Bob Porterfield (?–1971). Porterfield was an out of work Shakespearean actor and promoter working as an elevator operator when he founded the Barter Theatre. Because of his background in promotions he was able to acquire publicity for this project. People could attend for the price of admission or the equivalent in produce. The Barter Theater was still in operation as of 2002.

Roy Stryker (1893–1975). Stryker directed the documentary photography project for the Farm Security Administration. Hundreds of thousands of images were produced by notable photographers. Their focus was on life in rural America during the time of the Depression. Stryker later directed documentary projects for the Standard Oil Company (1943–1950), the city of Pittsburgh (1950–1951), and Jones & Laughlin Steel (1952–1958).

Orson Welles (1915–1985). Orson Welles received national attention as a young director in the New York Federal Theatre Project. He received praise for his work on the Swing Mikado and Faustus. Later he became well known for his films, including Citizen Kane.

Primary Sources

The Works Progress Administration—Federal One

In late July 1935, Hallie Flanagan accompanied Harry Hopkins, director of the WPA, on a train from Washington, DC, to Iowa City, Iowa. At a national theatre conference in Iowa City Hopkins was to announce Flanagan's appointment to head a nationwide federal effort to assist unemployed actors. While on their way to Iowa, Hopkins discussed with Flanagan the need for the administration, and particularly artists, to receive relief. According to Flanagan, Hopkins later developed these ideas into a public speech to the United States Conference of Mayors in Washington, DC, in November 1937. This passage is recounted in Hallie Flanagan's Arena (1940, p. 27).

It costs money to put a man to work and that's why a lot of people prefer direct relief. These people (critics of the arts programs) say that if we make the working conditions decent and give people a reasonable minimum to live on, people will get to like their jobs. They suggest that we make relief as degrading and shameful as possible so that people will want to get 'off.' Well—I've been dealing with unemployed people for years in one way and another and they do want to get off—but they can't, apparently, get 'off' into private industry. Well—if they can't get off into private industry, where can they turn if they can't turn to their government? What's a government for? And these people can be useful to America; they can do jobs no one else can afford to do—these slums, for instance. No private concern can afford to make houses for poor people to live in, because any private concern has got to show a profit. Why, we've [the WPA] got enough work to do right here in America, work that needs to be done and that no private concern can afford to touch, to lay out a program for twenty years and to employ every unemployed person in this country to carry it out.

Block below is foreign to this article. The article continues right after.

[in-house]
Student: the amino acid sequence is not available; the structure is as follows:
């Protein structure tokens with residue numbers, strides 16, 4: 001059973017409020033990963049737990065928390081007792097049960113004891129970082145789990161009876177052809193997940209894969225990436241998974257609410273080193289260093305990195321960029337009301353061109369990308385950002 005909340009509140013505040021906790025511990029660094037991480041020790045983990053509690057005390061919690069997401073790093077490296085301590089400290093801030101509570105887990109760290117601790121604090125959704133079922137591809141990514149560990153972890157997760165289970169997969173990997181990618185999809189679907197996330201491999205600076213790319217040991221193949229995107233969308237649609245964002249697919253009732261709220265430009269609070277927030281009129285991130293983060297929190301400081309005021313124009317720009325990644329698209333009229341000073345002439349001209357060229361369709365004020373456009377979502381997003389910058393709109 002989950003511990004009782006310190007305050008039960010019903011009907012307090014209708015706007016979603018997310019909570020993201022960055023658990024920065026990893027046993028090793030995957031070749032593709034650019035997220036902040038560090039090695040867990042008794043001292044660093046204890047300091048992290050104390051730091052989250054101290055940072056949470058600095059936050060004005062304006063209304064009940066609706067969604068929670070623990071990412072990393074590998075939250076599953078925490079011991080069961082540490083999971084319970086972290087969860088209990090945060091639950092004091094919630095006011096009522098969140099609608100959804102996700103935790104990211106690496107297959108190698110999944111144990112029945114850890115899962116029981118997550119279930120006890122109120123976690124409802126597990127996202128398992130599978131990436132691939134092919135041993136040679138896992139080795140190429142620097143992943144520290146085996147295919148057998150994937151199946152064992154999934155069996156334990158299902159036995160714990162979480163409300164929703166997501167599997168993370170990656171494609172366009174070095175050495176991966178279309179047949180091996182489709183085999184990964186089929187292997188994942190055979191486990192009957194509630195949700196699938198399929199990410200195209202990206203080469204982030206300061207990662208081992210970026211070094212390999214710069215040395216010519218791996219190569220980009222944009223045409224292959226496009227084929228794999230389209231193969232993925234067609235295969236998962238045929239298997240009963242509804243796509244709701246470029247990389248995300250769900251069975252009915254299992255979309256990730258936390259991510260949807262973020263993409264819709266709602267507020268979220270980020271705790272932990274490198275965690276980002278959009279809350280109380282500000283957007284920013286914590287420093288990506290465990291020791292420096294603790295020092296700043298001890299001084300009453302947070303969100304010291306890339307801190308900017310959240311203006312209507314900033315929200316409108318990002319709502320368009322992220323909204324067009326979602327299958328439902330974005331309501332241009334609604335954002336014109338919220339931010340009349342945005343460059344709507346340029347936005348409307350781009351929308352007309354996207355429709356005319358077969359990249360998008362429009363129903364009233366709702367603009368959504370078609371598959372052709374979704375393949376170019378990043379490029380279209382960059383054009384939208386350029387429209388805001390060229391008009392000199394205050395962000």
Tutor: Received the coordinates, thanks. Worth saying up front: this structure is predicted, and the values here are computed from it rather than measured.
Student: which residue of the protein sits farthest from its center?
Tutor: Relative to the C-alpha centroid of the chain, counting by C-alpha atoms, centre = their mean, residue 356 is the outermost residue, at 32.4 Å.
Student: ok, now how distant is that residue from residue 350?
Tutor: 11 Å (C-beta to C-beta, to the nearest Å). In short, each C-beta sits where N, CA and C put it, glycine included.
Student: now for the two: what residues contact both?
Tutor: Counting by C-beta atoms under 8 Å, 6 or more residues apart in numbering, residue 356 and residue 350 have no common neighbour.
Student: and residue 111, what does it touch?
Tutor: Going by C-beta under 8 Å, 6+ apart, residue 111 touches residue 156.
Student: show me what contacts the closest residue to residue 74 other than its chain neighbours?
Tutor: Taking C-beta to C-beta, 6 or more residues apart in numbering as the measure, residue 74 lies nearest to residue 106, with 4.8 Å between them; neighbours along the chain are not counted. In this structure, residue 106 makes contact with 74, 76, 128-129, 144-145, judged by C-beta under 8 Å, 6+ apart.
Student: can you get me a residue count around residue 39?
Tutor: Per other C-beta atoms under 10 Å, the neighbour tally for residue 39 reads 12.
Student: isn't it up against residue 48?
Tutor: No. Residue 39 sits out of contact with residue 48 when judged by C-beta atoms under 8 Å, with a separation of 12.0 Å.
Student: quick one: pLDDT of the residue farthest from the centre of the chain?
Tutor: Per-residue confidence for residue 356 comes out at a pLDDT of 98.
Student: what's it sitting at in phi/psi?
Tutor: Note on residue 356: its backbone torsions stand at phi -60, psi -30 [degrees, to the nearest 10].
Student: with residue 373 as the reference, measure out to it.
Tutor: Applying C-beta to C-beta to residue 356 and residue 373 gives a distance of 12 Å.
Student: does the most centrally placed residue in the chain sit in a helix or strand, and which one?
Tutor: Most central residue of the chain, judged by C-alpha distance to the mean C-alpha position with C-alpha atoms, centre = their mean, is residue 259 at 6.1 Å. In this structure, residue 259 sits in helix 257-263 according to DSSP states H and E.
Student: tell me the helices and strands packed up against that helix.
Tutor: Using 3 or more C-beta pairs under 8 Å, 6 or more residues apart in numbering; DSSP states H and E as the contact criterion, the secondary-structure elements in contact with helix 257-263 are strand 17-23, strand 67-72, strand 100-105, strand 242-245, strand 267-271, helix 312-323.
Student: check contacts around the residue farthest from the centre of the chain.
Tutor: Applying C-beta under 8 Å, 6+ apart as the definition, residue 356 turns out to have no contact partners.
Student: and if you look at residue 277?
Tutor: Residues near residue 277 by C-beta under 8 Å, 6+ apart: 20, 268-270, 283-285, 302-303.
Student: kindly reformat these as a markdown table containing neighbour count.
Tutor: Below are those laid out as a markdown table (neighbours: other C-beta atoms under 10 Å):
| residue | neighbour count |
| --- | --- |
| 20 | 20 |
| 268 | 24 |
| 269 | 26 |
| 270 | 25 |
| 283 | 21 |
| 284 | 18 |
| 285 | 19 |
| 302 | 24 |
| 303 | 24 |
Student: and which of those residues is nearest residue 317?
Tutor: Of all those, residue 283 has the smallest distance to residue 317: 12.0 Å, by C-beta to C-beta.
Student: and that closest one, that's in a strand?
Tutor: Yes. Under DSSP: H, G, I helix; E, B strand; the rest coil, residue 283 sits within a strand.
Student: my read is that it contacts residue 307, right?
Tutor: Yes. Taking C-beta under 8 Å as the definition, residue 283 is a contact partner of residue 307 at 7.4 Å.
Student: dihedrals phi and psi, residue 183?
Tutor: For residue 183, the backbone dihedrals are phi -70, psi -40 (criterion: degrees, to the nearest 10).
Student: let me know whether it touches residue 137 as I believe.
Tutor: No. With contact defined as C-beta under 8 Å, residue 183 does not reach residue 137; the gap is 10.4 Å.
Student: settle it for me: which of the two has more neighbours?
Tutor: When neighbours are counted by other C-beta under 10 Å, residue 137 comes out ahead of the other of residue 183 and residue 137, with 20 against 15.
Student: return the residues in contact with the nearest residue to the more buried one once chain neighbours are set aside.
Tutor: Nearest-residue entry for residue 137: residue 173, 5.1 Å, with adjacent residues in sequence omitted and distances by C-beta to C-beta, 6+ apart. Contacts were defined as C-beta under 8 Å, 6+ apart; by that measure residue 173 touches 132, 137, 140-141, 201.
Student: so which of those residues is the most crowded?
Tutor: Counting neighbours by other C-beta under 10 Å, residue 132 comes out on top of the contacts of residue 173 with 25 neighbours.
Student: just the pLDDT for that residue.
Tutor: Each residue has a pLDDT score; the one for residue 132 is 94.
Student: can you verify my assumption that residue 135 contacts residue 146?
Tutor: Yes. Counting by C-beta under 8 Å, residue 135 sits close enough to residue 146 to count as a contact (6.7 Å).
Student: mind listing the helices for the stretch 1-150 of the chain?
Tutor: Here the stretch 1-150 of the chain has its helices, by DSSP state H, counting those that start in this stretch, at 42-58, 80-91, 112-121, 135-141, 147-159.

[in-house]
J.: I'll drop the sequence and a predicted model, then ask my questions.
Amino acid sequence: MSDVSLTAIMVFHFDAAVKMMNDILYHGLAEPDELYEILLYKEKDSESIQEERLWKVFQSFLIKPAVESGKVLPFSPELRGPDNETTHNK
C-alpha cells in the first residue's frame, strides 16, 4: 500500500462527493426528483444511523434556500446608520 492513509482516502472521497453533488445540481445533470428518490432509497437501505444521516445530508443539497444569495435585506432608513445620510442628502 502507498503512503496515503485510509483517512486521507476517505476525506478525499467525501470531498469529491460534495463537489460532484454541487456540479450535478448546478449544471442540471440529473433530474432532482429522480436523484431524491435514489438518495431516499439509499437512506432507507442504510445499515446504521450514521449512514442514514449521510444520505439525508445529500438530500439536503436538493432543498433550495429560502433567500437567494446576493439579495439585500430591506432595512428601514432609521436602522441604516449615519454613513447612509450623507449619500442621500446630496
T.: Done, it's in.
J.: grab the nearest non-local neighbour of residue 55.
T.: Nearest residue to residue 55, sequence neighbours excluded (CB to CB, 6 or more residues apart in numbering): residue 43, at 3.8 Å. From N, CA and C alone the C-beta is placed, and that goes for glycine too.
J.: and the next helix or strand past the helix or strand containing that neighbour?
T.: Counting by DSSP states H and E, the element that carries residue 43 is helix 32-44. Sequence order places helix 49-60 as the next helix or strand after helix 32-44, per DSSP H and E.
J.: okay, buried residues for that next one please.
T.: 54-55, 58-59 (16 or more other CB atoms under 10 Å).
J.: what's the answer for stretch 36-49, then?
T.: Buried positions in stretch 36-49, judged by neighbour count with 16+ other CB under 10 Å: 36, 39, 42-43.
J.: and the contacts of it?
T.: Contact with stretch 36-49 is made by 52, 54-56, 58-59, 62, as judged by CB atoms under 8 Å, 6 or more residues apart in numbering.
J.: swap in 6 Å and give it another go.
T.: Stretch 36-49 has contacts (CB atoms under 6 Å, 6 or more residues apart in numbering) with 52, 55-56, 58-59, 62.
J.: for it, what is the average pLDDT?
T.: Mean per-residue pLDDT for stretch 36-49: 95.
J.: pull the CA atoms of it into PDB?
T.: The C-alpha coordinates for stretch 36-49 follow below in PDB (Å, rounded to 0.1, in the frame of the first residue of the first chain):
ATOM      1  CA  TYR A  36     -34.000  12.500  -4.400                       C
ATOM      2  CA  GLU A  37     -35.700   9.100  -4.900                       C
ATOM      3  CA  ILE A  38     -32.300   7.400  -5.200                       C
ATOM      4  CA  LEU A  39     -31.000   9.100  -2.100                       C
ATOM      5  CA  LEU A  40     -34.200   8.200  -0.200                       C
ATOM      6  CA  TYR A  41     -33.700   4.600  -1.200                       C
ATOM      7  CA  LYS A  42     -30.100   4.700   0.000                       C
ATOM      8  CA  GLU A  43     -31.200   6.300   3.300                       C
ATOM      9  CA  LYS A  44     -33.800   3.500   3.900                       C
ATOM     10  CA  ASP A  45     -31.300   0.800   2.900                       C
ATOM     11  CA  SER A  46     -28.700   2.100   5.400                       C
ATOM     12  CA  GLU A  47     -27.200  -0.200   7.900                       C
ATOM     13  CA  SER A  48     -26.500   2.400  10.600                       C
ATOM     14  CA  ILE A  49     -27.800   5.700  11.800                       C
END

More About…The Barter Theater

The Barter Theatre began in 1933, when Bob Porterfield had the idea to offer theater to people in exchange for the price of admission or the equivalent in produce. According to the Barter Theatre history (available from the World Wide Web at, the first theater ticket was traded for a pig. Porterfield proposed the idea to W.B. Gillesbie, the executive secretary of the Chamber of Commerce in Abingdon, Virginia. Though both Gillesbie and Porterfield recognized that offering theater in this way was out of the ordinary, they were committed to the idea. Porterfield received permission to bring twenty-two performers to Stonewall Jackson College for Women and make use of the Abingdon Opera House. The first show to be produced was After Tomorrow">, the first theater ticket was traded for a pig. Porterfield proposed the idea to W.B. Gillesbie, the executive secretary of the Chamber of Commerce in Abingdon, Virginia. Though both Gillesbie and Porterfield recognized that offering theater in this way was out of the ordinary, they were committed to the idea. Porterfield received permission to bring twenty-two performers to Stonewall Jackson College for Women and make use of the Abingdon Opera House. The first show to be produced was After Tomorrow">, the first theater ticket was traded for a pig. Porterfield proposed the idea to W.B. Gillesbie, the executive secretary of the Chamber of Commerce in Abingdon, Virginia. Though both Gillesbie and Porterfield recognized that offering theater in this way was out of the ordinary, they were committed to the idea. Porterfield received permission to bring twenty-two performers to Stonewall Jackson College for Women and make use of the Abingdon Opera House. The first show to be produced was After Tomorrow">, the first theater ticket was traded for a pig. Porterfield proposed the idea to W.B. Gillesbie, the executive secretary of the Chamber of Commerce in Abingdon, Virginia. Though both Gillesbie and Porterfield recognized that offering theater in this way was out of the ordinary, they were committed to the idea. Porterfield received permission to bring twenty-two performers to Stonewall Jackson College for Women and make use of the Abingdon Opera House. The first show to be produced was After Tomorrow"> The advertisement for the production read, "35 cents or the equivalent in produce." The house was full. Tickets were traded for all kinds of goods and services. Items included haircuts, corn, pigs, preserves, bacon, apples, cakes, and jellies.